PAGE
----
Every year, the materials we use to build our homes, all the things they contain, and almost all the products we buy and use travel hundreds or even thousands of miles by road to reach our doorsteps. And with 4 million miles of roads in the USA, 870,000 in Canada, 684,000 in Japan and France, 39,000 in Germany and 280,000 in Italy, the world’s developed countries are looking rather like endless trading highways.
But how else can we transport less or transport better so that we can minimize our carbon footprint? The answer, quite simply, is by encouraging new, more efficient alternative means of delivering the goods we need. Initiatives in this direction certainly lack nothing in terms of originality, and could actually revolutionize the transport industry going forward.
Goods: a long tranquil river
With its new branch on the quayside at Port de Javel on the Seine in Paris (France), French builders merchants POINT.P is backing river transport. Its 2 barges Andromeda and Freedom carry materials and supplies to company branches, and collect returnable pallets and recovered construction site waste on their return trips. An increasingly popular solution with companies, river transport seems to have a bright future ahead. Less polluting, more flexible and more cost-effective, river transport currently takes 1 million truck journeys off the roads of the Paris region alone every year, avoiding the emission of 200,000 tonnes of CO2.
Green fuels and hydrogen-powered trains
Electric fleets, green fuels and hybrid vehicles offer another popular alternative for major manufacturers and contractors. The POINT.P chain – Yes, them again! – now operates so-called ‘virtuous’ trucks, because 46% of its fleet will be running on VNG (vehicle natural gas) by the end of this year. So what advantages does liquefied natural gas offer? Well, it produces up to 95% less Sulphur and oxide particulates, and around 80% less nitrous oxide.
This alternative to diesel has already been introduced by other Saint-Gobain Group companies in Europe, including the Spanish building materials distributor Distriplac, whose fleet now includes its first ‘clean’ HGV. In Norway, materials distributor Optimera is also keeping up its efforts to make the transition to sustainable transport: 60 of its mobile cranes have already been fitted with Euro 6-compliant low-emission engines. What makes them better? A significant reduction in NOx (nitrogen-based pollutants) and particulate emissions. The Norwegian subsidiary also has a truck powered by batteries and biofuels to offer emission-free deliveries that also significantly reduce noise pollution for its neighbors! Lastly, Graham Plumbers' Merchant in the UK is also going green with the introduction of a new hybrid vehicle that provides the ideal solution for deliveries to its 13 points of sale in Central London.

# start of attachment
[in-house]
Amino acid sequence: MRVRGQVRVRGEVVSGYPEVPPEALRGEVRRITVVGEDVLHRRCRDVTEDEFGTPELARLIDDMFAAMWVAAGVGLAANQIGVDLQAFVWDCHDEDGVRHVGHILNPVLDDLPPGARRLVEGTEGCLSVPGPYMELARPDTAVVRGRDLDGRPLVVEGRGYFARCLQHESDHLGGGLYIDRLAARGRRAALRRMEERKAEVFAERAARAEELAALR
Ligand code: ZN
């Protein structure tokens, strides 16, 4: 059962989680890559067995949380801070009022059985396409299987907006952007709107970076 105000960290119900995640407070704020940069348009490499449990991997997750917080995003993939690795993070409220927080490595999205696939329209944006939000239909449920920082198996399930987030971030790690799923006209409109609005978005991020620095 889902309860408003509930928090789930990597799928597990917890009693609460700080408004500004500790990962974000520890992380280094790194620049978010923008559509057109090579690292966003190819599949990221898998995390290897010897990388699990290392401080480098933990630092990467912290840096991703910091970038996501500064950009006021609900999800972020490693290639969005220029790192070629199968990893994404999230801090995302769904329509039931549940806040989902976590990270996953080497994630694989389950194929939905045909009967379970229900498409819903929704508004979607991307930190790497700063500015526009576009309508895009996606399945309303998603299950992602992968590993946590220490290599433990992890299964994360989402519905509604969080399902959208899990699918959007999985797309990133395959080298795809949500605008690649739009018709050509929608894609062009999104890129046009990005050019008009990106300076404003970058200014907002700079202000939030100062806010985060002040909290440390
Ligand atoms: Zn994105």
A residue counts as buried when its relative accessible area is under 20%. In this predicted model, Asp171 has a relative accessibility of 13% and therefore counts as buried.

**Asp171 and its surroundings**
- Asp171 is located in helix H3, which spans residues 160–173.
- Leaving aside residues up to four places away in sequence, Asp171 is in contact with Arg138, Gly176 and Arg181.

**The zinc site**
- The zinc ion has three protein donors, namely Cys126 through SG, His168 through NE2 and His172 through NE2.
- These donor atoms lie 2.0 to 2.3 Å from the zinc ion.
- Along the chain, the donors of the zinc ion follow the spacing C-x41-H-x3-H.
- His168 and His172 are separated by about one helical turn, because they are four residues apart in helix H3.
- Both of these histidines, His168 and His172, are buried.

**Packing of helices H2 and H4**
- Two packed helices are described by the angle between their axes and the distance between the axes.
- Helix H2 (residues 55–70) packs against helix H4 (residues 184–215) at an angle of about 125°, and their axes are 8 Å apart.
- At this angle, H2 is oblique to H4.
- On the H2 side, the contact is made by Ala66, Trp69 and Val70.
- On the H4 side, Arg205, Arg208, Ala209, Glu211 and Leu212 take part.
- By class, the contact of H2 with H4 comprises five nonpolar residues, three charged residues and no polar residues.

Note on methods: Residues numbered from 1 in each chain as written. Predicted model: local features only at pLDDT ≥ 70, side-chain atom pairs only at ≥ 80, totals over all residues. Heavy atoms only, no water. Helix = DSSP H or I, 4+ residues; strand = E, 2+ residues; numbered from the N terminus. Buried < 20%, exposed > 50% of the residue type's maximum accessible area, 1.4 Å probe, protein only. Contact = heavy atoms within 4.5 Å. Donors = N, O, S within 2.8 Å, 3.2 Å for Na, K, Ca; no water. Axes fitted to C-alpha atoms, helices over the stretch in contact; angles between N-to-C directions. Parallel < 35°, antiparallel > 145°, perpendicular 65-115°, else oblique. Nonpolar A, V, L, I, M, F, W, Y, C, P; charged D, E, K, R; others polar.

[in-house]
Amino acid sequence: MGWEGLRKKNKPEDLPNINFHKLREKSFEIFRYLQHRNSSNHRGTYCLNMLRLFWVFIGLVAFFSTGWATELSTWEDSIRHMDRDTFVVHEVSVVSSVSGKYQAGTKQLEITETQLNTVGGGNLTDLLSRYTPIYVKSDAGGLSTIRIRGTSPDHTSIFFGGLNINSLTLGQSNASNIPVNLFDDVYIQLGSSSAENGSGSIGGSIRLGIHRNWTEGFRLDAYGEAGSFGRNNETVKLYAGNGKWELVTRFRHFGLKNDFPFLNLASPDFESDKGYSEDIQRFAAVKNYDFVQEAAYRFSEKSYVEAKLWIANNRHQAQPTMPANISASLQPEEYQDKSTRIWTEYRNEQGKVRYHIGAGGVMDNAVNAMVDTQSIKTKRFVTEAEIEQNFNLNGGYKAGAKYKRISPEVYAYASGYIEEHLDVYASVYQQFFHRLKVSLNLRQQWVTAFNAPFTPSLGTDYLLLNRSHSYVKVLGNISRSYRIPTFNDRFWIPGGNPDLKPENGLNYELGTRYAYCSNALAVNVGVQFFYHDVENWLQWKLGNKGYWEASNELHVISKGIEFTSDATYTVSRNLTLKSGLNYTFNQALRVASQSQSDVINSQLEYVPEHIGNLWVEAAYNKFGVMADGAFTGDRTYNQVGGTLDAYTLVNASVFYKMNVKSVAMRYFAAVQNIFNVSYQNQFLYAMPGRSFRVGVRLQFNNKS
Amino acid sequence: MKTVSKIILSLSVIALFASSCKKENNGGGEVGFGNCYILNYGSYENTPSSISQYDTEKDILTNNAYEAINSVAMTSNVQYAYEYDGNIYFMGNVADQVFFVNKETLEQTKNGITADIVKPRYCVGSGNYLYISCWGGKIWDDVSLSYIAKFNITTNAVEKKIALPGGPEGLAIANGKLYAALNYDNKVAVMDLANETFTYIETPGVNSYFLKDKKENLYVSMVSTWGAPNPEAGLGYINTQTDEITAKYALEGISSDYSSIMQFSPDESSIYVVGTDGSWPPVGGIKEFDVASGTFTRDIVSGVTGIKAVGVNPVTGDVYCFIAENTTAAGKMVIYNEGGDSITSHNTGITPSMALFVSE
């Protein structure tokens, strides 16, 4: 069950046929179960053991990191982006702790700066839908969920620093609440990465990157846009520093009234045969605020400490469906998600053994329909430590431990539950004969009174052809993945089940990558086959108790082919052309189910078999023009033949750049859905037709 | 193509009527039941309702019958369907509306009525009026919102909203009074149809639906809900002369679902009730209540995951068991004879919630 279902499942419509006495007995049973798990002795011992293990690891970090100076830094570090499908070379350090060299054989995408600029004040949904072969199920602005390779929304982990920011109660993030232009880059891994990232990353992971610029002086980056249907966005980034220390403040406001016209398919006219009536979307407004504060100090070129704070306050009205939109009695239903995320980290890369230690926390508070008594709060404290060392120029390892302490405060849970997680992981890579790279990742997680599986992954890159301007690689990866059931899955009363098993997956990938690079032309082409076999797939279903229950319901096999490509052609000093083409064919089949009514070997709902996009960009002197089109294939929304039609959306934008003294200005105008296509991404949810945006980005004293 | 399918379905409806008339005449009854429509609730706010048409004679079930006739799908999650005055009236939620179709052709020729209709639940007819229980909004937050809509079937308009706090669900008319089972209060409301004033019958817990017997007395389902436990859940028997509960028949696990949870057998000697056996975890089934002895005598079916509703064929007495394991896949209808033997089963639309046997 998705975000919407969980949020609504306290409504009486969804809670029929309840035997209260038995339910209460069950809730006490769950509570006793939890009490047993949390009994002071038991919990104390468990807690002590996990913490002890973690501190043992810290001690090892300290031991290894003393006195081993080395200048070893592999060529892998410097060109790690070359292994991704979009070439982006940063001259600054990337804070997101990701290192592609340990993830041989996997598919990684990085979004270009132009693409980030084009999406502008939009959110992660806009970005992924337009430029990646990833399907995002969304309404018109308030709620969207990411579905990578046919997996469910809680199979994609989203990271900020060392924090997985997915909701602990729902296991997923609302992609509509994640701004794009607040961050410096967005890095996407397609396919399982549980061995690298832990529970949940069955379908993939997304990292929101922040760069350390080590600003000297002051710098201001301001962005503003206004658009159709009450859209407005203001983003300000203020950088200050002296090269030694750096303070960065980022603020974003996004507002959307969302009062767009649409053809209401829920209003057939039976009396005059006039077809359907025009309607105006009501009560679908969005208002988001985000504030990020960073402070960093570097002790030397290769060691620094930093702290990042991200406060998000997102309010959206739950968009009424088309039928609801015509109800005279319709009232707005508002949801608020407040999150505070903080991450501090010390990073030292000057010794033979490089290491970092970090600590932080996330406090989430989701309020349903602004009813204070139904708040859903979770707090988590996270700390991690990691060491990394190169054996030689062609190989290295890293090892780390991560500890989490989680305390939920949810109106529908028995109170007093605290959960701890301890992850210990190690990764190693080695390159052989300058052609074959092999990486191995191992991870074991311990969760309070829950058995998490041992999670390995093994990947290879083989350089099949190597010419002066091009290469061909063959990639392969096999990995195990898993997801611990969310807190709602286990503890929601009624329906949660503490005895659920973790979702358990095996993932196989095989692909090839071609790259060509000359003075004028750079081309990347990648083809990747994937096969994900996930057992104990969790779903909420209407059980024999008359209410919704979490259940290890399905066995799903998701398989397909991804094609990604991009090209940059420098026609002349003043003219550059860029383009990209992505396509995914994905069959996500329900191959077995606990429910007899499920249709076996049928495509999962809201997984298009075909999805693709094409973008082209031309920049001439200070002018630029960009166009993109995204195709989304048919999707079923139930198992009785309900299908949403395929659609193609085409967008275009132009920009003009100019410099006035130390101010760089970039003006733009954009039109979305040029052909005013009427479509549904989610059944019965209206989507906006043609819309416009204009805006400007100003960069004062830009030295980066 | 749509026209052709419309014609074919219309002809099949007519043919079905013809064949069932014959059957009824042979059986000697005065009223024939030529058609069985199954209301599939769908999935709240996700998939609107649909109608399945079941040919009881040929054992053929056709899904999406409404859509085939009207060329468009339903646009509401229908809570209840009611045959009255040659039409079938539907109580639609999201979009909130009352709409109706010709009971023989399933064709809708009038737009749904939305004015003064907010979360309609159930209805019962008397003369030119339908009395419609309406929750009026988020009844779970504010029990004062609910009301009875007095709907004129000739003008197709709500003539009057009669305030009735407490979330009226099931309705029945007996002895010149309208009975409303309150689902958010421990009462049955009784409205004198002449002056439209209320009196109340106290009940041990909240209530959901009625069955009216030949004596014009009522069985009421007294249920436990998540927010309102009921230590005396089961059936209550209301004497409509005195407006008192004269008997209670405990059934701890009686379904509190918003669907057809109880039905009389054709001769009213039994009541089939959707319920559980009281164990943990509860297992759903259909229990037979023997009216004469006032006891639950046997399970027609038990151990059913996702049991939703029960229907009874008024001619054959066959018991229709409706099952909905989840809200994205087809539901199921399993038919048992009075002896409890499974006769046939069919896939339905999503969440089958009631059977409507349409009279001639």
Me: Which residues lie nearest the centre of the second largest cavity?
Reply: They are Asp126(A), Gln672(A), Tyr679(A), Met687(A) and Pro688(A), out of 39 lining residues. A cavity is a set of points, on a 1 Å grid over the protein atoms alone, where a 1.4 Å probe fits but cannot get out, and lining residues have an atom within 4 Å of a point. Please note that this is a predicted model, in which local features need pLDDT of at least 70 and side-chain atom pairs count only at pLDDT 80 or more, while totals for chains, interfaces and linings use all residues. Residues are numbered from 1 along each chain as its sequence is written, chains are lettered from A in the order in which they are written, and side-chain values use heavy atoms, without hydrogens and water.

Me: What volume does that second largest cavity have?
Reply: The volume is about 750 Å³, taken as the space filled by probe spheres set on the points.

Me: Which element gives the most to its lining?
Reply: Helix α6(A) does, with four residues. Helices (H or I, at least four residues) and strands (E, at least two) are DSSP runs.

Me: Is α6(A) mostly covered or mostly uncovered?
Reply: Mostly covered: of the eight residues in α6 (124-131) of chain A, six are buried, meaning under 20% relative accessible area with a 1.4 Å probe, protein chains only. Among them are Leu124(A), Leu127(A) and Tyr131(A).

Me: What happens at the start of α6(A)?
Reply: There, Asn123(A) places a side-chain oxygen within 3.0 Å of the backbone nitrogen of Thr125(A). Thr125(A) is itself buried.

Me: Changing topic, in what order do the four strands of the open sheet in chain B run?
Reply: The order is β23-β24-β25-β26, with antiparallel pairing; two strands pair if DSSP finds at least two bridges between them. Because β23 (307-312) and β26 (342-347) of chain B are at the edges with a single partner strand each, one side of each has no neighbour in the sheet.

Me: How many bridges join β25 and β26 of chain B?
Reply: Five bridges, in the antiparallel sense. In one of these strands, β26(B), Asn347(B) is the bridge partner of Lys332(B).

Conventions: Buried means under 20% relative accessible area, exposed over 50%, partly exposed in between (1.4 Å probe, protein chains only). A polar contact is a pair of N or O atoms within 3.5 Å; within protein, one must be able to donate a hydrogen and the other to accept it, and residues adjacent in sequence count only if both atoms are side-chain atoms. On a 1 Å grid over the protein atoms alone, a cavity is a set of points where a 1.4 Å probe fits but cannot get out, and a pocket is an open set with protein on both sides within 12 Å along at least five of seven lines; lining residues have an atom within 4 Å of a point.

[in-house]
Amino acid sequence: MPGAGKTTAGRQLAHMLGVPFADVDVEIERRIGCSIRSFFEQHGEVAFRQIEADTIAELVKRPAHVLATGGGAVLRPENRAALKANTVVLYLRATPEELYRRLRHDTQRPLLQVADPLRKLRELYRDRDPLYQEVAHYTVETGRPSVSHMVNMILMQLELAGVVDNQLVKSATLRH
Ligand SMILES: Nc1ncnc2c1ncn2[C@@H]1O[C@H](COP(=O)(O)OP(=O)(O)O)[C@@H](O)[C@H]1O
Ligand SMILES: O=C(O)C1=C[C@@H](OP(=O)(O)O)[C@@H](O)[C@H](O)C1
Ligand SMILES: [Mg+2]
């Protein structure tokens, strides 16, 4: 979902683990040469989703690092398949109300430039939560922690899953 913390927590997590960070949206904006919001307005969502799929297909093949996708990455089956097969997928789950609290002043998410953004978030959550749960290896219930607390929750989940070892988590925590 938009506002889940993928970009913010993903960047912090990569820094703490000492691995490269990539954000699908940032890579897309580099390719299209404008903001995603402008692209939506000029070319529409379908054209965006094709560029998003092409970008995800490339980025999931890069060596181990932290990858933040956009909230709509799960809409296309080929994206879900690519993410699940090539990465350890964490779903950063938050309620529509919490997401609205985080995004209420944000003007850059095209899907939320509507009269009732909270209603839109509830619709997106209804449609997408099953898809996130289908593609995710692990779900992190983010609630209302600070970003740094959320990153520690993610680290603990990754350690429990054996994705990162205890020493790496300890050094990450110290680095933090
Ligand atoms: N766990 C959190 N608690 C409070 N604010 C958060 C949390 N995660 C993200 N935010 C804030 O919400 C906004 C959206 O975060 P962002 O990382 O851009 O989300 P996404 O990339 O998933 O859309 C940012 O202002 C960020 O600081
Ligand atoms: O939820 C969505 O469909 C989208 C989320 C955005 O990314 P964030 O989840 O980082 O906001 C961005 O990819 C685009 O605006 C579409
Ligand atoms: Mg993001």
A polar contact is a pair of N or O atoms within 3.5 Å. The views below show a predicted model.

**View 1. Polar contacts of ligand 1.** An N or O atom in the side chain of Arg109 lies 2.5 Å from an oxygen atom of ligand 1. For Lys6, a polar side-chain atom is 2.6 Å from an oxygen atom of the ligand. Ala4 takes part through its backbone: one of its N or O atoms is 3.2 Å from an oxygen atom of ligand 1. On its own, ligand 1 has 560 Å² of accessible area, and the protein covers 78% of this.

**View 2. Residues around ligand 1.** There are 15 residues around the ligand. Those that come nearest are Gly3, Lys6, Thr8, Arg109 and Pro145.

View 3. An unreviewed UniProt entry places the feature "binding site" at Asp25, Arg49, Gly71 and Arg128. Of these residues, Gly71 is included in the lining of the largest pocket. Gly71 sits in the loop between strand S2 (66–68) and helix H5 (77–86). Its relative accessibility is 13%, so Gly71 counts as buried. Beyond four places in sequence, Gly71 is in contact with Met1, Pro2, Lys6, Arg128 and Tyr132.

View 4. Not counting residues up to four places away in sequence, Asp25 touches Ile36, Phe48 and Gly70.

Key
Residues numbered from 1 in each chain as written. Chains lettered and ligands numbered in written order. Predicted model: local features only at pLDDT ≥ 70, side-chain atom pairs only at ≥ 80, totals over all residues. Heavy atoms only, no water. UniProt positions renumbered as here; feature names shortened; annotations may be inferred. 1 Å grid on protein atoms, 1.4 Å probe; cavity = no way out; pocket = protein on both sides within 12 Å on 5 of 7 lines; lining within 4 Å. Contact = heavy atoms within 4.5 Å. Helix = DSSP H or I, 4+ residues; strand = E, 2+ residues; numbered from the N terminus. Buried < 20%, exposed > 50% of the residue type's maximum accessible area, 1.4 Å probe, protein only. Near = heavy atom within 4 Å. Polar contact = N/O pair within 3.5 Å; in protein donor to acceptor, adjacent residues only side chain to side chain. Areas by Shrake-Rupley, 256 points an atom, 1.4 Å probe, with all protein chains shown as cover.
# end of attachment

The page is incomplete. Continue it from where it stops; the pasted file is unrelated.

River transport and virtuous truck fleets both offer real alternatives that help to relieve road congestion and limit polluting emissions, but there are other solutions that pedal hard for the climate: bikes! Whether we like it or not, we have to admit that sometimes it’s impossible to do without road transport! And where that’s the case, we must look to softer transport solutions or develop cutting-edge answers for city center deliveries.
Today, urgently needed products can be delivered to construction sites within the hour using the bike courier service offered by la Plateforme du Bâtiment. Hugely popular with tradesmen and local retailers, electrically-assisted cargo bikes are increasingly popular for making green final mile deliveries.
Truck sharing to reduce every kind of cost
The world’s major cities are trying hard to relieve congestion on their streets and restrict city center access for trucks. That’s the case in Amsterdam, where the transition is being supported by a new company called LeanWorks. This Saint-Gobain Group subsidiary in the Netherlands is providing sustainable delivery solutions through vehicle sharing! Actually, it’s all about truck sharing... But how? Well, materials from different suppliers are carried on a single shared truck, delivered on the basis of a shared schedule, and all the associated waste is recovered for the return journey.
It’s an effective solution not only in terms of CO2 emissions, but also for recycling and reduced transport costs. That’s important, because road transport is expensive and consumes a lot of fuel. Too much.
PAM’s Russian dolls
So to cut costs at the same time as shrinking its carbon footprint, Saint-Gobain PAM has devised a clever solution the transporting its ductile iron pipes, whose diameter can reach some very impressive sizes. How? Simply by fitting the smaller diameter pipes inside the largest diameter pipe: this ‘telescoping system’ works just like the famous Russian doll! The result is that transport space is optimized by using this system known as PAM, thereby reducing the number of trucks on the road (256 fewer vehicles, actually) and therefore overall environmental impact. It also cuts transport costs by a very helpful 40%.
Transporting consumer materials and products is increasingly becoming the focus for initiatives that are as smart as they are sustainable. New solutions are already being studied, including hydrogen-powered freight trains (similar trains are already carrying passengers in Germany) and the electric cargo ships that will carry tomorrow's freight containers with almost zero emissions! Yet another step towards sustainable transport...
(1) What is the current trend in greenhouse gas emissions? By Jean-Marc Jancovici
Photo credits: Saint-Gobain, Saint-Gobain PAM, DR, Shutterstock